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LAST WEEK we began to look at "Efficient Doubling". An efficient double is one where the doubler gets the maximum benefit in equity at a given time from doubling his opponent. To look at an example, let's first look at an inefficient double.

In the position above, black should not double - if he does so, white has a correct beaver. Now let's suppose that black rolls 61 and plays 22/16, 12/11 (he could play 6/5 with the 1 but that is weaker than leaving the point slotted). If white now fans, black has a double that is so strong that white must pass. In two rolls, black has gone from not being good enough to double to losing his market. Pleased as he will be to win the game, he has not made optimal use of the cube. What he would have liked is to give white a very difficult decision. Here, all of white's decisions have been easy.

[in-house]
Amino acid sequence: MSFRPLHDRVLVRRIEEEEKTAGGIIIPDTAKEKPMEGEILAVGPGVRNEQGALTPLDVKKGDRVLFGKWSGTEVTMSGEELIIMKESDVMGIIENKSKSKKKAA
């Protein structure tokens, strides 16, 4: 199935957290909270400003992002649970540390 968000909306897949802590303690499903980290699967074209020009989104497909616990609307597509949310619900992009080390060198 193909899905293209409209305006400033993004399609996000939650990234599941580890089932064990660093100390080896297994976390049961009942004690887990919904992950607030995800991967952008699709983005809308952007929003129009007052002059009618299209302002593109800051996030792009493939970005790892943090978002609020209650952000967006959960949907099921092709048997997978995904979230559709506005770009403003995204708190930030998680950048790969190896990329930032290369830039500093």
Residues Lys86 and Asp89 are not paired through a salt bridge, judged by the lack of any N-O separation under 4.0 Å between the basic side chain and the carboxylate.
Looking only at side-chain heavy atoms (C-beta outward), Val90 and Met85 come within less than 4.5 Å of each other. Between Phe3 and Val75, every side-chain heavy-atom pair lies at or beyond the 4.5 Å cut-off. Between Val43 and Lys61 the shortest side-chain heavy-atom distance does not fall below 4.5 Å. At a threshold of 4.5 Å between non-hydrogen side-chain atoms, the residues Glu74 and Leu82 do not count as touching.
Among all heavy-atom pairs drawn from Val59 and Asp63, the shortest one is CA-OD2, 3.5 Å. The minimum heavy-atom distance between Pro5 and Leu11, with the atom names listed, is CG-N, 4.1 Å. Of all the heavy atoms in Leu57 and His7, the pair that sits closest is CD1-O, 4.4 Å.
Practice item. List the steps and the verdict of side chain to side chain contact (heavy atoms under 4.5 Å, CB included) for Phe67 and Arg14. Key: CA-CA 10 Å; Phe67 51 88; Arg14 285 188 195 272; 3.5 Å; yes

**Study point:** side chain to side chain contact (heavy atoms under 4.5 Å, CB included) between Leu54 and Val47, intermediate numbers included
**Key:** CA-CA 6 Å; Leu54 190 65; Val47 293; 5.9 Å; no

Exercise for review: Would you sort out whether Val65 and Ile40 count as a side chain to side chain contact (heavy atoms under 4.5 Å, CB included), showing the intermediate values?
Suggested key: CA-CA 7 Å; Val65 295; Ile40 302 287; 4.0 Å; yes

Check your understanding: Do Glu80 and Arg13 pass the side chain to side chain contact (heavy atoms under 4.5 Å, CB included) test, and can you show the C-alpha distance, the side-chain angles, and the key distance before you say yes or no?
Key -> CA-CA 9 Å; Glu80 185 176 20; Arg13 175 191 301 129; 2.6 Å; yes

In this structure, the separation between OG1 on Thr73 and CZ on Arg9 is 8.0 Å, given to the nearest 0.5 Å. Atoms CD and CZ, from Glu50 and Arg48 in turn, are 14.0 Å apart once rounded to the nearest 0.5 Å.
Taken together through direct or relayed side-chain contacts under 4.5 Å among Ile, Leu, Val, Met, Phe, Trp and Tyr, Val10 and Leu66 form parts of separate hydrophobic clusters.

Prime vs prime positions such as this tend to lead to inefficient doubles. In contrast, blitz positions often lead to efficient doubling situations. For example, white starts the game 64, played 24/14 and black responds with 55, played 8/3(2), 6/1(2)*. If white now fans, black has an "efficient double" - one that potentially maximises his equity.

Knowing what type of positions lead to what type of doubling situations is increasingly important. Experts steer for particular game types to maximise their use of the doubling cube.